Gum Disease

Gum disease or periodontal disease is the result of an infection, which has spread to the gums and tooth roots. If left untreated gum disease can cause tooth loss and affect the whole mouth.

If you believe that you are suffering with gum disease a skilled and trained periodonist will carry out a consultation to ascertain the severity of your problem. There are both surgical and non-surgical treatments for gum disease, which will be discussed during your consultation.



Definition of Periodontal disease

Periodontal disease is the next step along from gingivitis, which is the infection of the gums by bacteria. If left to develop gingivitis then becomes periodontal disease, which affects not only the gums but the tooth and bone structure. Periodontal disease can often cause severe and irreversible injury to the teeth and gums, so it is important to have any symptoms checked by your dentist.

Different types of Gum disease

Gum disease is a progressive condition and increases in severity the longer it is left untreated. The treatment of the disease will require different levels of care, with more complex cases requiring longer treatment times and higher costs.

Gingivitis

Gingivitis is the mildest form of gum disease and the precursor to more complex problems. It is the inflammation of the gums and can include bleeding during oral health cleaning. Gingivitis can be reversed with the use of periodontal treatment and a good oral hygiene routine, but it is always best to visit your dentist if there is persistent gum bleeding and swelling.

Periodontitis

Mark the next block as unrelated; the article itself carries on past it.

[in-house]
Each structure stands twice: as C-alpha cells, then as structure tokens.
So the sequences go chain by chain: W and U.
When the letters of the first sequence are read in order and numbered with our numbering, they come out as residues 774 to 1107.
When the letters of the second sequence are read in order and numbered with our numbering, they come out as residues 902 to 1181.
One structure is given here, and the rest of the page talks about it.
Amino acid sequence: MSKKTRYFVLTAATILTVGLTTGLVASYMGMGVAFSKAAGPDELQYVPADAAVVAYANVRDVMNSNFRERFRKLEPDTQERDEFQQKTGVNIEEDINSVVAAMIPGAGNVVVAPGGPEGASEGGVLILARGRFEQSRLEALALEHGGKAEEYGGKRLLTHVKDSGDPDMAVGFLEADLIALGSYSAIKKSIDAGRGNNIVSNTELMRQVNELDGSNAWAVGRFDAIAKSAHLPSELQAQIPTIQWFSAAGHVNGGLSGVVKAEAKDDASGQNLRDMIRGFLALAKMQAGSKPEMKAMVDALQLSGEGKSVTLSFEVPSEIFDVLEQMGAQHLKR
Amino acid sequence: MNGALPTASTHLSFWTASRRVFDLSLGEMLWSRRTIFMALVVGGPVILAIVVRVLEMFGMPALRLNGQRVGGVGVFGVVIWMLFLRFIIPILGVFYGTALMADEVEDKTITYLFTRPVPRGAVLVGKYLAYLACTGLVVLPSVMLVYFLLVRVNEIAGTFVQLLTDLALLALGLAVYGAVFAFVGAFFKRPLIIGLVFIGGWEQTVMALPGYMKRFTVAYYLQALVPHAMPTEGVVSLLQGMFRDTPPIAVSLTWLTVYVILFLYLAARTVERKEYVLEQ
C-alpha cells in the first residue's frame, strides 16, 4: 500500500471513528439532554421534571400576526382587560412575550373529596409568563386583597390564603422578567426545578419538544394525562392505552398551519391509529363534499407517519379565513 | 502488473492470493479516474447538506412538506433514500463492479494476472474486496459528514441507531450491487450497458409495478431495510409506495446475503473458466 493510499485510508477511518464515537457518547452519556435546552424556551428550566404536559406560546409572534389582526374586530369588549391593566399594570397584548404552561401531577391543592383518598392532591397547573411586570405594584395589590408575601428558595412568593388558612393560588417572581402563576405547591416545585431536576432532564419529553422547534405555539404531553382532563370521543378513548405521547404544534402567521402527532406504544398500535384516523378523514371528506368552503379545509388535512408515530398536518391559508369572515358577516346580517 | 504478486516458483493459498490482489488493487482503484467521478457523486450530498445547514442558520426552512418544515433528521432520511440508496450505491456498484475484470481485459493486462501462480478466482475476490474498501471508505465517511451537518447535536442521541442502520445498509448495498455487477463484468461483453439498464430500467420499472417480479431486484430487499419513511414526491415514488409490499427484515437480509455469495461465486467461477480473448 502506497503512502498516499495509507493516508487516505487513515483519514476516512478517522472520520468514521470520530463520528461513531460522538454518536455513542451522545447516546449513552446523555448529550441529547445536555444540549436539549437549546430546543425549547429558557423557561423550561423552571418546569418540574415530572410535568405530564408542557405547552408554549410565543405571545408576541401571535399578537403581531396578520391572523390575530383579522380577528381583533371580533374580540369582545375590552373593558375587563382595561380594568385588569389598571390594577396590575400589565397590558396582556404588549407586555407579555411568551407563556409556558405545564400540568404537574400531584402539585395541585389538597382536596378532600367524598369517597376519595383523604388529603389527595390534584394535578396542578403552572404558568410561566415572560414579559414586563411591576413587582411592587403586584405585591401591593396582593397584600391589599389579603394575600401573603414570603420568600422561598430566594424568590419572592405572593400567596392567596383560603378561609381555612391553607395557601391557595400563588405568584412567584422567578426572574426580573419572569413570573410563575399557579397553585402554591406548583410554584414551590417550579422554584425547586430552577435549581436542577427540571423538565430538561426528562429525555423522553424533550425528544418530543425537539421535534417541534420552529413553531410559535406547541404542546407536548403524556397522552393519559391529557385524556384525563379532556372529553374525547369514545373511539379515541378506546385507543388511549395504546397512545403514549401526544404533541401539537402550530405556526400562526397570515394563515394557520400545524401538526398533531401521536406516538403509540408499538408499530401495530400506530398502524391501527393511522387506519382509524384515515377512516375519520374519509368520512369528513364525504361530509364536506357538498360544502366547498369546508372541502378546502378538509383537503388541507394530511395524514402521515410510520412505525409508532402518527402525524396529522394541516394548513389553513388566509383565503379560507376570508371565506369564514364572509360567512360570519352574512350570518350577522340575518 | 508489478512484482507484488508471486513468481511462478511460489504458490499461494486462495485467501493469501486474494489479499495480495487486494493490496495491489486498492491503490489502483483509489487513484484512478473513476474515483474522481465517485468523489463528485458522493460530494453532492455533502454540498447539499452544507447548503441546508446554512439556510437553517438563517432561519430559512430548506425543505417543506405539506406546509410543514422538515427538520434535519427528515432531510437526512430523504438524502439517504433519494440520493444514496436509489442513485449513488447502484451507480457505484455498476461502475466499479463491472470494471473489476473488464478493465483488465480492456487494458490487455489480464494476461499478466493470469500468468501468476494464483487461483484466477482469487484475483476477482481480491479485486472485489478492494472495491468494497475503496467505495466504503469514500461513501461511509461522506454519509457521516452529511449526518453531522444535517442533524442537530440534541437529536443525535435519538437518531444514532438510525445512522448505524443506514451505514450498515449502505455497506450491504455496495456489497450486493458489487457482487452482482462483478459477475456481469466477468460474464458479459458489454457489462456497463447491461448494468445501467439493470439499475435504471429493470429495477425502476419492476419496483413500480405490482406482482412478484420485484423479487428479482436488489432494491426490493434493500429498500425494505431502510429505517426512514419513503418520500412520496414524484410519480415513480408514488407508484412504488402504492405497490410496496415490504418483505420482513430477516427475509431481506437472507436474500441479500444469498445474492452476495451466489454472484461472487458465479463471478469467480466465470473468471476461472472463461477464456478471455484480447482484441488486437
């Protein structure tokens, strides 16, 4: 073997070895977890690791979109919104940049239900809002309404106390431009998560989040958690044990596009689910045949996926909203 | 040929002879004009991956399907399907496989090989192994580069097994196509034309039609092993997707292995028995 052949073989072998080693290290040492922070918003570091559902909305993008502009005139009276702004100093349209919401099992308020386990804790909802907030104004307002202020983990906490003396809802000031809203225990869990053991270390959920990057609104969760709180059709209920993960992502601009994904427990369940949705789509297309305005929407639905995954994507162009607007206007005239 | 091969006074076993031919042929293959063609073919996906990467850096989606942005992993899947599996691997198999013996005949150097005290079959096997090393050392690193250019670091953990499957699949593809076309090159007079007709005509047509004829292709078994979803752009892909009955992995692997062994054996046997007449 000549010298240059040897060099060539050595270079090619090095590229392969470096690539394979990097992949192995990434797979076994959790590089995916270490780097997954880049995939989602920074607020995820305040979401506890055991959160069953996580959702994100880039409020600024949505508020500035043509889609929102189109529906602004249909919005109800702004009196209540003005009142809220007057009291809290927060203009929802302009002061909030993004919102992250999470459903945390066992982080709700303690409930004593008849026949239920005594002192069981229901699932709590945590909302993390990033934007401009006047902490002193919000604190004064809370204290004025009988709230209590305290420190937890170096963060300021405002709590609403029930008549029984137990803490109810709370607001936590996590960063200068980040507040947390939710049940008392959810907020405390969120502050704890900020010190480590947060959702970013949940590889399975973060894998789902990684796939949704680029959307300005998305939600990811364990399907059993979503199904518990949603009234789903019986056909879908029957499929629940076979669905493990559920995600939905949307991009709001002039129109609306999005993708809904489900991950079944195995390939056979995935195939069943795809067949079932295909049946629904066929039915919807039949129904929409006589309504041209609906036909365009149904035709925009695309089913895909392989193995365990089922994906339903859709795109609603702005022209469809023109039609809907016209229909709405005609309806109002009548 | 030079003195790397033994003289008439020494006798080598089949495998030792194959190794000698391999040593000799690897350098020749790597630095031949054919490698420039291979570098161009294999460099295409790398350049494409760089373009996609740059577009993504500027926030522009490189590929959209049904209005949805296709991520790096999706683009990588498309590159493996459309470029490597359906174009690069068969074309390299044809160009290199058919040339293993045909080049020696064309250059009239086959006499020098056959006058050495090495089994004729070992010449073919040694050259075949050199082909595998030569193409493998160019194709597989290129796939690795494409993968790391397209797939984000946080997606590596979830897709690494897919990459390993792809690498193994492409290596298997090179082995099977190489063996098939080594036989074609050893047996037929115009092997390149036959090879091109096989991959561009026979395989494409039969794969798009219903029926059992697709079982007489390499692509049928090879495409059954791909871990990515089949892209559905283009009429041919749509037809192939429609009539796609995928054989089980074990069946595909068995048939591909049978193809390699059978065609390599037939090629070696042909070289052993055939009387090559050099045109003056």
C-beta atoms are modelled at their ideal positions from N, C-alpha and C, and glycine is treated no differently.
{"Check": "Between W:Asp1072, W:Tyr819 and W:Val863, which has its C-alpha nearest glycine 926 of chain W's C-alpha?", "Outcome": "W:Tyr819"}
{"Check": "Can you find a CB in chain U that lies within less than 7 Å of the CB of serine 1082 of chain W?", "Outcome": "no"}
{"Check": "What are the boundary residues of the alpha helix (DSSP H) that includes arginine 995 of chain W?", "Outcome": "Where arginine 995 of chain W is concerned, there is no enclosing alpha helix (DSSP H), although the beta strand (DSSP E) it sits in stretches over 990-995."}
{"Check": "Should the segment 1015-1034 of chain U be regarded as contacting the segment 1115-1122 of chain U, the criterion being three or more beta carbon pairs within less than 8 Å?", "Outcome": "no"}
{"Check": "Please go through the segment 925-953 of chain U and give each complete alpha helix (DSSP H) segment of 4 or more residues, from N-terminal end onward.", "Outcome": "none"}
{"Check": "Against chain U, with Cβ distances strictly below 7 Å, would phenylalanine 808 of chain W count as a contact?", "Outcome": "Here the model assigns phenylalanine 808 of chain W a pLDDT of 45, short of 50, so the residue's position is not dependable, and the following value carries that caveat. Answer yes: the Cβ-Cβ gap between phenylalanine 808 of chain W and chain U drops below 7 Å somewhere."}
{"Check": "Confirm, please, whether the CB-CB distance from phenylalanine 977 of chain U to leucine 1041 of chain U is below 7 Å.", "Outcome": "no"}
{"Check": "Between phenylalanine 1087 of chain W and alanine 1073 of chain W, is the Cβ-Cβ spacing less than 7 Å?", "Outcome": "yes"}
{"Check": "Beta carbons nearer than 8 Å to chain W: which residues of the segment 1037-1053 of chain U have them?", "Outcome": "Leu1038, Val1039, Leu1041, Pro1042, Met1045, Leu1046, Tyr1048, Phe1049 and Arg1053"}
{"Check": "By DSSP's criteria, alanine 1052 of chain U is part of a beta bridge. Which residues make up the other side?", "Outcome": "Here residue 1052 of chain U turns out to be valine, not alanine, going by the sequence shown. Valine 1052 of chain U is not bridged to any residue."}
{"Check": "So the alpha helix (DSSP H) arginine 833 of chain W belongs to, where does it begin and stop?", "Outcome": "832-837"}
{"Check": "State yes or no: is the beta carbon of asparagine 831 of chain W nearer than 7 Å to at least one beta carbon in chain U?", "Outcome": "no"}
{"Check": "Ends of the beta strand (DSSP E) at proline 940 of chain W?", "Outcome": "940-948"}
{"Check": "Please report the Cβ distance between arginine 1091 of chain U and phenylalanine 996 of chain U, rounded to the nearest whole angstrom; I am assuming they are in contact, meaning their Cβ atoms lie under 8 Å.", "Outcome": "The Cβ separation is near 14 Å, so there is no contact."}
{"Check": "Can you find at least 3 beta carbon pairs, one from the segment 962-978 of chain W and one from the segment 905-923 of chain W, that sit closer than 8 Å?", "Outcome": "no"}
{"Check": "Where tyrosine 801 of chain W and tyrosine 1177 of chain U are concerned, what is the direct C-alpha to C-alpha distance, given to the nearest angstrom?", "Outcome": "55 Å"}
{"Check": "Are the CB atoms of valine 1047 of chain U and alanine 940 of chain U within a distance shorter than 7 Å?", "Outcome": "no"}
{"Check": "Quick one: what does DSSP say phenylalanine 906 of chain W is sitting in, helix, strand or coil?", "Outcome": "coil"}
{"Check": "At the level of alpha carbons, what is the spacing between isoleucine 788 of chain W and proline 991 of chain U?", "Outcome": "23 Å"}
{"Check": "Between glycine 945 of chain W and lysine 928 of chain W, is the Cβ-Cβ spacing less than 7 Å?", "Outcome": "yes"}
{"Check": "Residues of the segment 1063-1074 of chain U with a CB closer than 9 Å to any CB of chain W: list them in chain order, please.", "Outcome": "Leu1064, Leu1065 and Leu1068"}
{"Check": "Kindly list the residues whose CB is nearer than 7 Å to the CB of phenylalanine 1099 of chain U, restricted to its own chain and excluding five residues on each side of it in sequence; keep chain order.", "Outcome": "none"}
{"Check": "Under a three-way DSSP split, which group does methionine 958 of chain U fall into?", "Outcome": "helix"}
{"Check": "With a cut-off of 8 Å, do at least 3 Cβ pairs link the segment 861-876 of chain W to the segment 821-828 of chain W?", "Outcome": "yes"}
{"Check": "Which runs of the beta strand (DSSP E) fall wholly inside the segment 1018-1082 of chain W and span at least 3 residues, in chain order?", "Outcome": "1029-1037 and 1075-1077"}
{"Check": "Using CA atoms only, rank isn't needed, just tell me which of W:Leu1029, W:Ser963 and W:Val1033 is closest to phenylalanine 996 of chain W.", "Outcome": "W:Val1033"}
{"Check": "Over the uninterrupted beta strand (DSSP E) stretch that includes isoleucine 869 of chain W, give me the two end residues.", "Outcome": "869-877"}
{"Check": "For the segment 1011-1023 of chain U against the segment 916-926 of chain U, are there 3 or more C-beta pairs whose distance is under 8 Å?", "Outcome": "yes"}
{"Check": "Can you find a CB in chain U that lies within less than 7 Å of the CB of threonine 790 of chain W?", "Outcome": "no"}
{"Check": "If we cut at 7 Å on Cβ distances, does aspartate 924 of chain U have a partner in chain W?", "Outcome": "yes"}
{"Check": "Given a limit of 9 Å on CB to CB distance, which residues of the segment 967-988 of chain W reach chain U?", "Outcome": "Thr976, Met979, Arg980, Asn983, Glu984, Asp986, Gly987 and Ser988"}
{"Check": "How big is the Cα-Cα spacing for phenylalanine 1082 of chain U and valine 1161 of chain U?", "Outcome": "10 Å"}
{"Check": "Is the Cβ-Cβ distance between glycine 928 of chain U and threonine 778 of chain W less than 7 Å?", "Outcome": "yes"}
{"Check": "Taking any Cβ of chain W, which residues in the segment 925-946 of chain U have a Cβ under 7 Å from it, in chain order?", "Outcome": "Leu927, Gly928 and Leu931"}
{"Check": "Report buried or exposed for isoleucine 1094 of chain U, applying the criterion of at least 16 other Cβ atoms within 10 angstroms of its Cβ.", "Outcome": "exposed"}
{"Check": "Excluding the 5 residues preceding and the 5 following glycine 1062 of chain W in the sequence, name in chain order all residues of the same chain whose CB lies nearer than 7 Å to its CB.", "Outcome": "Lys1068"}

Once gum disease has progressed from the gingivitis stage, it is then what is known as periodontitis. This type of gum disease comes in varied degrees that are dependent on its complexity. These forms of periodontitis include:

Aggressive periodontitis - this is often diagnosed in people who have generally good oral health, but have allowed symptoms of gingivitis to go untreated. The signs of aggressive periodontitis include an enlargement in the size of the gum pockets, which can affect the health of surrounding bone tissue.

Chronic periodontitis - this is the main form of gum disease and causes supporting tooth tissue to become inflamed. This can in turn lead to rapid bone loss and potential tooth loss. This type of gum disease needs immediate attention to stop it from spreading. Any signs of the disease, from bleeding gums to swollen gum tissue, should be checked immediately. If chronic periodontitis is left to develop patients often require gum surgery in the future.

Necrotizing periodontal disease - this is the most severe type of gum disease and results in the necrosis or death of the periodontal ligament, gingival tissues and alveolar bone. Necrotizing periodontal disease can require surgery, which is generally the only option for treatment.

Gum disease causes

The most common cause of gum disease is plaque, which forms as a clear film over the teeth and gums. The bacteria that causes this plaque attacks the gum tissue and tooth enamel, causing both gum disease and tooth decay. To prevent plaque from leading to gum disease, it is a good idea to maintain an effective oral hygiene routine. This should include brushing, flossing and using mouthwash.

Other causes of periodontitis include

Smoking - smoking has been found to be a cause of gum disease, which is mainly due to its impairment of the body's natural healing processes. Any bacterium that enters the gum and surrounding tissue is able to spread through the body, unheeded by the body's immune system, leading to the development of infections.